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Minocycline-Induced Cutaneous Polyarteritis Nodosa

Tehrani, Rodney MD*; Nash-Goelitz, Alyssa MD; Adams, Elaine MD*; Dahiya, Madhu MD; Eilers, David MD§¶

JCR: Journal of Clinical Rheumatology: June 2007 - Volume 13 - Issue 3 - p 146-149
doi: 10.1097/RHU.0b013e3180690693
Case Report

Minocycline is a tetracycline derivative with multiple clinical uses including the treatment of various infections, acne vulgaris, and rosacea. Numerous adverse events have been reported ranging from minor complaints such as nausea, to serious life-threatening toxicities such as acute renal failure, hepatotoxicity, and systemic lupus erythematosus. We report the case of an 18-year-old female patient who developed minocycline-induced cutaneous polyarteritis nodosa after taking minocycline for acne vulgaris. The vasculitis resolved after discontinuation of the minocycline without need for corticosteroids. This case is the eighth biopsy-confirmed case of minocycline-induced polyarteritis nodosa. Although minocycline is an effective medication with a wide variety of clinical uses, clinicians must be aware of its potential side effects including autoimmune-related disorders such as polyarteritis nodosa or systemic lupus erythematosus.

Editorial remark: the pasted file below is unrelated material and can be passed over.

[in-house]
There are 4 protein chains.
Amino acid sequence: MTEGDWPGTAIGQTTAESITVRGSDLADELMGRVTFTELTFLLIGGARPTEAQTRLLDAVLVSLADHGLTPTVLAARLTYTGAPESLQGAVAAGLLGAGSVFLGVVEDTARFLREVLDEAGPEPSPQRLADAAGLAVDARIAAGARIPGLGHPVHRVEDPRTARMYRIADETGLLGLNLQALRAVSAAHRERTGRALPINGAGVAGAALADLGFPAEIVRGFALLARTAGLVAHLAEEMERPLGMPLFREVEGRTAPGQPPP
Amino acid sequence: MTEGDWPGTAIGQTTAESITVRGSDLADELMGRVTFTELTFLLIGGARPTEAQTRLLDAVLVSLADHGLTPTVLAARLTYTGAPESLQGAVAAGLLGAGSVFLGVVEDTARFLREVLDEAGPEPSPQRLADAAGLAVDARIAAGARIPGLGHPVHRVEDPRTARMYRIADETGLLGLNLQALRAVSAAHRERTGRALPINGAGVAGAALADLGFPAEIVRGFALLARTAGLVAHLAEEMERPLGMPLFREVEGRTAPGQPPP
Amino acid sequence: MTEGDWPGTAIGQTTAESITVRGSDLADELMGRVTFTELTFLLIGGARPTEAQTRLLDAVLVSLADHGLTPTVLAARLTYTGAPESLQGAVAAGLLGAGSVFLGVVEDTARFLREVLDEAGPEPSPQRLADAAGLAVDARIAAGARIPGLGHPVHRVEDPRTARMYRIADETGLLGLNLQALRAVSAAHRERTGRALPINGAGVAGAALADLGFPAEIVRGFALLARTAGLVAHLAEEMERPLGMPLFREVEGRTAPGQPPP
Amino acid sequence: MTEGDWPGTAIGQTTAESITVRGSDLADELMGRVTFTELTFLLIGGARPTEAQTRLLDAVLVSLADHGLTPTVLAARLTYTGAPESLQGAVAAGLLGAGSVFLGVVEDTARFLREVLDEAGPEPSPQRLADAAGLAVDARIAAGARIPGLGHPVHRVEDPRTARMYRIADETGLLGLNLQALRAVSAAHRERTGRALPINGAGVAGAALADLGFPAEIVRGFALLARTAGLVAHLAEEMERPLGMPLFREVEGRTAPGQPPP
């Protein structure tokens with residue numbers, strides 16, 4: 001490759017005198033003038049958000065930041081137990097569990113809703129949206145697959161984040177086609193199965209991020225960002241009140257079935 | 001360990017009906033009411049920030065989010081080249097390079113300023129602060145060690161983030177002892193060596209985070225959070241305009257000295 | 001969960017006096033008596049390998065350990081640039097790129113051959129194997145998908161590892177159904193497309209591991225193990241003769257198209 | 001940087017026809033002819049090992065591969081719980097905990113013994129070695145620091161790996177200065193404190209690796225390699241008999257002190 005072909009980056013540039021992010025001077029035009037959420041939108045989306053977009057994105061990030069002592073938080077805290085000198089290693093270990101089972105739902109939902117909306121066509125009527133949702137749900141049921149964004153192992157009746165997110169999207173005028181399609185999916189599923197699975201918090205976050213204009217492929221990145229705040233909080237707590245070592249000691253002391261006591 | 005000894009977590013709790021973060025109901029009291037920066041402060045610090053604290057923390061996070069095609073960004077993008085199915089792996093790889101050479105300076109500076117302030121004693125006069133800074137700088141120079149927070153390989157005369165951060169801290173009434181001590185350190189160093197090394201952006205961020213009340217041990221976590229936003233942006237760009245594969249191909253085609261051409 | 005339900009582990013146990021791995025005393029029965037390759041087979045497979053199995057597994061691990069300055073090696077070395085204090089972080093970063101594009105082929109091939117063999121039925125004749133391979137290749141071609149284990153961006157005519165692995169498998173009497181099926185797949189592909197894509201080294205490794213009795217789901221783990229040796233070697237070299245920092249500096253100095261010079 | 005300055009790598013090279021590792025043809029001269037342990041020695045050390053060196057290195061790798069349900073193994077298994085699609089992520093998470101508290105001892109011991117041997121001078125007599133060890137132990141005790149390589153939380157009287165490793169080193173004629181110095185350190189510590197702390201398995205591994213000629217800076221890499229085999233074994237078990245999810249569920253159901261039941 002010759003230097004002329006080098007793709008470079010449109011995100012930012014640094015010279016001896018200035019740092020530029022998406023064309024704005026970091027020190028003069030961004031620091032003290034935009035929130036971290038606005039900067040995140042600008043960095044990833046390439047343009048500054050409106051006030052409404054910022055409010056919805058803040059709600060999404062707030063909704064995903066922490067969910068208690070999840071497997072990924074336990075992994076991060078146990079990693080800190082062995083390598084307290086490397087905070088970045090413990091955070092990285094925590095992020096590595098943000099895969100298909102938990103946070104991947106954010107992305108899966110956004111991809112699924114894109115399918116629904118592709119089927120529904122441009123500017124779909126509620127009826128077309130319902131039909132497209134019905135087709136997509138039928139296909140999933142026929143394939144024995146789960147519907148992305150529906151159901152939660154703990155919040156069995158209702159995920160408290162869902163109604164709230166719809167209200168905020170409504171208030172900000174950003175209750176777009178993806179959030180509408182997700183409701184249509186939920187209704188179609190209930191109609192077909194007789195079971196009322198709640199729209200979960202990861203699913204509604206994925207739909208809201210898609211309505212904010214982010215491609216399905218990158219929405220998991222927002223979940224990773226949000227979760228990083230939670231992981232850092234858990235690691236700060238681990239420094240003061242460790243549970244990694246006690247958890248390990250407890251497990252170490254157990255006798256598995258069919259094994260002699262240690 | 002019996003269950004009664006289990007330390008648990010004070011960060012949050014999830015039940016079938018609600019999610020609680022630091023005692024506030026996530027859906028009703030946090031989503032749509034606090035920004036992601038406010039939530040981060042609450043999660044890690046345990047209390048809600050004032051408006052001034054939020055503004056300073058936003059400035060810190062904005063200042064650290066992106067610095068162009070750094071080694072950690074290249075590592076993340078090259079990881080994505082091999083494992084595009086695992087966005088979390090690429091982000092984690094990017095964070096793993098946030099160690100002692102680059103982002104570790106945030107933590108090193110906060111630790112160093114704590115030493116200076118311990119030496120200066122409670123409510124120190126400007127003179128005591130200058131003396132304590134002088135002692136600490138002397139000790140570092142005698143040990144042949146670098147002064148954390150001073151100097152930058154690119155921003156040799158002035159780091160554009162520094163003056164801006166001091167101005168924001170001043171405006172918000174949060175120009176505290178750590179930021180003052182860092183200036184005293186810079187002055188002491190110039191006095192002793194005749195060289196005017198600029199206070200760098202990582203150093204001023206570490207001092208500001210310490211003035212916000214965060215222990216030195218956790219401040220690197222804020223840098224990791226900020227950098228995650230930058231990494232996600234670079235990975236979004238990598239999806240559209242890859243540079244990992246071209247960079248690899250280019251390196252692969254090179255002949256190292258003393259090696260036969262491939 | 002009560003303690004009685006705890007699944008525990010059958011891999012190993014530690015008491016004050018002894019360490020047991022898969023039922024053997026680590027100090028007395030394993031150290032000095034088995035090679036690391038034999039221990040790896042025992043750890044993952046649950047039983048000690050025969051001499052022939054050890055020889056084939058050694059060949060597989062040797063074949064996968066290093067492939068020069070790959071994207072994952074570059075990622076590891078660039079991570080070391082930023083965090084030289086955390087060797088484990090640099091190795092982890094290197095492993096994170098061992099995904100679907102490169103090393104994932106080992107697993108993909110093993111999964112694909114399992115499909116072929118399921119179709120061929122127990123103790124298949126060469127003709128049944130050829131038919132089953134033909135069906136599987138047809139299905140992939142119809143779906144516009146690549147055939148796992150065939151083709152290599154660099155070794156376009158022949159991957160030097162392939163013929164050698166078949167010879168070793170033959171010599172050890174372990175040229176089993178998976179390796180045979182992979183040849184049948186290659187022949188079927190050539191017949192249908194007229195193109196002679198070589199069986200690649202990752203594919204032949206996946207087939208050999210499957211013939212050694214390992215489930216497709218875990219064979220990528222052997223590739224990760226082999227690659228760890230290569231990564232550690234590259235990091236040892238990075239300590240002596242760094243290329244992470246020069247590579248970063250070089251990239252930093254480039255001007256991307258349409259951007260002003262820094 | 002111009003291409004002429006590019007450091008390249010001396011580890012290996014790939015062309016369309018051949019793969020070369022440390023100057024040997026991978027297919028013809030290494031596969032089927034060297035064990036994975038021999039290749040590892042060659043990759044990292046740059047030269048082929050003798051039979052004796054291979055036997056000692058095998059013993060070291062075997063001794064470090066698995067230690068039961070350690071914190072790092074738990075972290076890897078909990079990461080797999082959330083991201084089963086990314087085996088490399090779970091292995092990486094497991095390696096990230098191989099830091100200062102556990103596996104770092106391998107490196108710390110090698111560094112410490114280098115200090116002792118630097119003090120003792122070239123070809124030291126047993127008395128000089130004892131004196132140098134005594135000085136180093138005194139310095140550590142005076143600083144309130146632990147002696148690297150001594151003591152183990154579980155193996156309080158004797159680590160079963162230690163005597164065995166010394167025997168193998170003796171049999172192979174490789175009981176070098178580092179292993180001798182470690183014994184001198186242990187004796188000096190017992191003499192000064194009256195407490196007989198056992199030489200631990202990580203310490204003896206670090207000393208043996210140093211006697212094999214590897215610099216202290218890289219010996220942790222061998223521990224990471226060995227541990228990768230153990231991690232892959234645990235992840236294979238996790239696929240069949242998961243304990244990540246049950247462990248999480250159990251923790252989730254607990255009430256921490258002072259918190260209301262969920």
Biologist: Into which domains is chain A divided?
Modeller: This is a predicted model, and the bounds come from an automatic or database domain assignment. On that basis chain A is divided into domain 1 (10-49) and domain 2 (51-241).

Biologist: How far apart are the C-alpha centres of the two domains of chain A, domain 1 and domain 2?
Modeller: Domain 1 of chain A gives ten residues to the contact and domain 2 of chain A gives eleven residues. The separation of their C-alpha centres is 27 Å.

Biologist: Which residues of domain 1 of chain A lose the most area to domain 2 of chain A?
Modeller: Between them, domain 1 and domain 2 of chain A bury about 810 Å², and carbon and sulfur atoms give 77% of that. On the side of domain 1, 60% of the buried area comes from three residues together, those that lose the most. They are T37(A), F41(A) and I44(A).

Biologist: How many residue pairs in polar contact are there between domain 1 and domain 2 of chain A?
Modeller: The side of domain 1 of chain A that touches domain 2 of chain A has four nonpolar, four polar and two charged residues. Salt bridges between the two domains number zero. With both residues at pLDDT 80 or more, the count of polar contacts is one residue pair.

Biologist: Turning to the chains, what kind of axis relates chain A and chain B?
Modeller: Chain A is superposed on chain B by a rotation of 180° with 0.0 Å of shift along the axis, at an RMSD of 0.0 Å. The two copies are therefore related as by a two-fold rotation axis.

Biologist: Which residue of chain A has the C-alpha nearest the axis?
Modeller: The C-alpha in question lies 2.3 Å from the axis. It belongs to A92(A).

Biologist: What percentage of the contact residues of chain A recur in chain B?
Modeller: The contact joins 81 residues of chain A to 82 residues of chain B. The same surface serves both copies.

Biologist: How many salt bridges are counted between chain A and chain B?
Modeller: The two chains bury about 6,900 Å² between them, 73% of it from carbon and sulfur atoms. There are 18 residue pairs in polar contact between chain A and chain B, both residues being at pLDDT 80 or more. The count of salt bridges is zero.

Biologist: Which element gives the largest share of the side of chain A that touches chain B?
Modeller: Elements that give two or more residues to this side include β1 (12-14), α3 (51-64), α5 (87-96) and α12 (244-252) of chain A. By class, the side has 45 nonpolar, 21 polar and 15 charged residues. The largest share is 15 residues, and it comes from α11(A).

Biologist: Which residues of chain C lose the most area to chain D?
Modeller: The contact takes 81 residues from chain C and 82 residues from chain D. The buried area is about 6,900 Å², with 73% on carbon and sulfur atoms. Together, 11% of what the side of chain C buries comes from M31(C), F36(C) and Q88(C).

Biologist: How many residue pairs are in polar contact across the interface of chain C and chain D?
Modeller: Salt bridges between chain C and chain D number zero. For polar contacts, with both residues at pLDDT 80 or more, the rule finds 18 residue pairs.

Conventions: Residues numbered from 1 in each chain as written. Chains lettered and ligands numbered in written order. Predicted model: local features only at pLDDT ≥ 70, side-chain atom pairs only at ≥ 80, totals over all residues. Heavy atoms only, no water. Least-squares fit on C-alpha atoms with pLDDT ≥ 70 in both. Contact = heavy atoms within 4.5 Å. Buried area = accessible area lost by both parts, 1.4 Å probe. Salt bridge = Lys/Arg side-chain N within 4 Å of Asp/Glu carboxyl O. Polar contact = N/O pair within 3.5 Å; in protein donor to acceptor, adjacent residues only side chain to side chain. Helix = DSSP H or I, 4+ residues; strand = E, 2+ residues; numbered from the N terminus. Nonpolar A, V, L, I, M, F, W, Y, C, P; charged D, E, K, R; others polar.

Necrotizing vasculitis and a positive ANA were resolved with discontinuation of monocycline in this 18-year-old woman with acne.

From the *Division of Allergy, Rheumatology, and Immunology, Loyola University Medical Center, Maywood, Illinois; †Division of Dermatology, John H. Stroger Jr. Hospital of Cook County, Chicago, Illinois; ‡Harvard Medical School, Beth Israel Deaconess Medical Center, Boston, Massachusetts; §Section of Dermatology, Hines Veterans Administration Hospital, Hines, Illinois; and ¶Division of Dermatology, Loyola University Medical Center, Maywood, Illinois.

Reprints: Rodney Tehrani, MD, Loyola University Medical Center, 2160 S. First Avenue, Building #54, Room 108A, Maywood, IL 60153. E-mail: rtehran@lumc.edu.

© 2007 Lippincott Williams & Wilkins, Inc.